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BS: Trying to be somebody else?

31 Mar 04 - 03:54 PM (#1151238)
Subject: BS: Trying to be somebody else?
From: GUEST,Shlio

We were having a discussion over tonight about people trying to be other people. I think the first example we came up with was Melanie trying to sing like Joan Baez. Sadly my sister tried to Dylan as an example (trying to be Woody Guthrie in the early years…?), which derailed the topic of conversation onto yet another lengthy Dylan debate.

I think we missed an opportunity there, so I thought I'd give you the chance to develop the idea. In your opinion, do people spend lots of time being people other than they are? Or trying to be? Do you?


31 Mar 04 - 03:57 PM (#1151239)
Subject: RE: BS: Trying to be somebody else?
From: Cluin

Axel Rose tried to be Davy Jones. Stole His dance moves.


31 Mar 04 - 04:13 PM (#1151256)
Subject: RE: BS: Trying to be somebody else?
From: wysiwyg

Right now I'm working on trying to be Rick Fielding. Makes for a very different kind of day, and I am learning a lot. I can't tell if it's easier or harder than trying to be Jesus. :~)

Musically, I'm trying to be Sister Shirley. (See Kennedy Center Millenium Stage video)

I am sure most of these will wear off; they usually do. But I am the better for the effort, each time, and somehow, more myself than when I started.

~S~


31 Mar 04 - 04:25 PM (#1151266)
Subject: RE: BS: Trying to be somebody else?
From: McGrath of Harlow

Billy Connolly took a whole lot of the character he plays on stage from Alex Campbell.


31 Mar 04 - 04:36 PM (#1151276)
Subject: RE: BS: Trying to be somebody else?
From: Rapparee

I'm often someone else. Who is a different question.


31 Mar 04 - 04:39 PM (#1151282)
Subject: RE: BS: Trying to be somebody else?
From: TheBigPinkLad

I think James Brown owes Jackie Wilson a nod of the head. Although Jackie was actually quite good.


31 Mar 04 - 04:48 PM (#1151285)
Subject: RE: BS: Trying to be somebody else?
From: Cluin

Jackie's "Resurrection Dance" didn't work out so well though...


(ooooh, bad taste...)


31 Mar 04 - 04:57 PM (#1151291)
Subject: RE: BS: Trying to be somebody else?
From: TheBigPinkLad

Taste is the enemy of art ... ;o)


31 Mar 04 - 05:12 PM (#1151299)
Subject: RE: BS: Trying to be somebody else?
From: GUEST,Penguin Egg

Donovan trying to be Dylan-lite is an obvious one. George Harrison pretending to be the Chiffons? Ewan MacColl trying to be a Scotsman.


31 Mar 04 - 05:15 PM (#1151302)
Subject: RE: BS: Trying to be somebody else?
From: Amos

A buncha world-class film actors in the 30's started this game (I think it started with Hepburn and Spencer Tracy) of going up to one another and asking "Who do yout hink you are??" with full intention -- the answers, often unexpected were a source of great hilarity.

A


31 Mar 04 - 07:04 PM (#1151404)
Subject: RE: BS: Trying to be somebody else?
From: MMario

I don't have to try - I AM several people.


31 Mar 04 - 07:15 PM (#1151415)
Subject: RE: BS: Trying to be somebody else?
From: GUEST,heric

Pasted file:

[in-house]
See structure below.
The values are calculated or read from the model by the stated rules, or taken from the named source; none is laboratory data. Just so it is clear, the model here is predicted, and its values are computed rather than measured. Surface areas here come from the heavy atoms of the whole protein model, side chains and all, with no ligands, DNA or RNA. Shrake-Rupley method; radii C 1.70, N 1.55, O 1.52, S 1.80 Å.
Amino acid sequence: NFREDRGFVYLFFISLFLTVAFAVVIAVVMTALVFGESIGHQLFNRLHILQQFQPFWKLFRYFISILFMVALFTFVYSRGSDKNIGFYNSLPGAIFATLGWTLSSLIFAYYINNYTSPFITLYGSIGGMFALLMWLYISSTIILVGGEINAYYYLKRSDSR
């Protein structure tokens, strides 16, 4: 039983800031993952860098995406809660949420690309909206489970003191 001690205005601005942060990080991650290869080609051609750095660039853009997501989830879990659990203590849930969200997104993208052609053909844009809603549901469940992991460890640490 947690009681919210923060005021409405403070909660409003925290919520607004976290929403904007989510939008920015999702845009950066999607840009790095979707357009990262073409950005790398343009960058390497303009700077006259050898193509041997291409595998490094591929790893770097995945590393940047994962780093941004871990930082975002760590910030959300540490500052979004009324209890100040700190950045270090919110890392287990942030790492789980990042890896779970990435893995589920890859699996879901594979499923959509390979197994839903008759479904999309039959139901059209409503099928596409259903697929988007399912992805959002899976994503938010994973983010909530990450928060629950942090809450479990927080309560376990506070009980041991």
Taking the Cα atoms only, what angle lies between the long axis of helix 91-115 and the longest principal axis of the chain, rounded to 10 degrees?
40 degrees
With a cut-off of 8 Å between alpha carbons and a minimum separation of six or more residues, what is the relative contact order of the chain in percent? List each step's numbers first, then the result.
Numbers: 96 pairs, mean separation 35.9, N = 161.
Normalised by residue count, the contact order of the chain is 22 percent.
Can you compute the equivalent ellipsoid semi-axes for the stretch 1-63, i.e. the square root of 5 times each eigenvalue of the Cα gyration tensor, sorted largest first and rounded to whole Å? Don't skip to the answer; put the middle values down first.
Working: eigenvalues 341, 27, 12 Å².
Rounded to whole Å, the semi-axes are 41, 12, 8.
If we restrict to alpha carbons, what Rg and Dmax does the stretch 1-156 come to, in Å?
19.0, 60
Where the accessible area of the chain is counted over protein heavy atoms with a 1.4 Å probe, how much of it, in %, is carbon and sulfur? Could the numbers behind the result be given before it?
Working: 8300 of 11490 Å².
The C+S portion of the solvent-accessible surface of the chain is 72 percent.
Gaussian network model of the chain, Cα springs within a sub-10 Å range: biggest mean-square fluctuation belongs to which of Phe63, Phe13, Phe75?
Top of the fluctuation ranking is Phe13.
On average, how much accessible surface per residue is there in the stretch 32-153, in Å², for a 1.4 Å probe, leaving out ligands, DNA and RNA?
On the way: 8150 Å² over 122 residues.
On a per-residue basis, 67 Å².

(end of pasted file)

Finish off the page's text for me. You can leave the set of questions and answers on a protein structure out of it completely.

I am trying to be Jimmy Stewart in Harvey, in an effort to change my reality by sheer force of will. You fine people are a great, wonderful help in the experiment.


31 Mar 04 - 07:48 PM (#1151437)
Subject: RE: BS: Trying to be somebody else?
From: Bobert

Clapton as Robert Johnson? Hmmmmmmmm?

Bobert


31 Mar 04 - 08:08 PM (#1151450)
Subject: RE: BS: Trying to be somebody else?
From: Johnny in OKC

I'm trying to be James Bond
but I don't have the looks.

Johnny in OKC


31 Mar 04 - 09:22 PM (#1151482)
Subject: RE: BS: Trying to be somebody else?
From: wysiwyg

Mmario, are any of them trying to be each other?

~S~


31 Mar 04 - 09:26 PM (#1151486)
Subject: RE: BS: Trying to be somebody else?
From: Johnny in OKC

I'm giving up trying to be James Bond
and start trying to be William Shatner,
but I don't have the phaser.

Johnny


01 Apr 04 - 02:50 AM (#1151660)
Subject: RE: BS: Trying to be somebody else?
From: Gurney

I've never tried to BE someone else, but sing and play like them, yes. Most people sound a little like Jake when they sing a Thackray song, or sound Irish when singing an Irish song (although the Irish don't seem to try to sound English when they sing an English song).
I'd say it was a sharing of or acknowledgement of the source.


01 Apr 04 - 04:00 AM (#1151715)
Subject: RE: BS: Trying to be somebody else?
From: Leadfingers

Why do so many young female singers these days try to sound like Kate Rusby ?


01 Apr 04 - 05:00 AM (#1151740)
Subject: RE: BS: Trying to be somebody else?
From: GUEST,KB

Leadfingers - its as good a place to start as any. Some people need to do emulate someone else in order to gain a bit of confidence. Then they can find their own sound later on.

Kris


01 Apr 04 - 06:29 AM (#1151780)
Subject: RE: BS: Trying to be somebody else?
From: harvey andrews

"I am trying to be Jimmy Stewart in Harvey"
Surely you mean Jimmy Stewart in "Harvey"!!!


01 Apr 04 - 09:48 AM (#1151931)
Subject: RE: BS: Trying to be somebody else?
From: Shanghaiceltic

All Chinese girls in the karaoke bars want to be Celine Dione, and unlike the fatal iceberg they miss completely.


01 Apr 04 - 02:38 PM (#1152162)
Subject: RE: BS: Trying to be somebody else?
From: Johnny in OKC

Forget William Shatner ~~~
now I am trying to be Ray Milland.

Love, Johnny


01 Apr 04 - 02:43 PM (#1152165)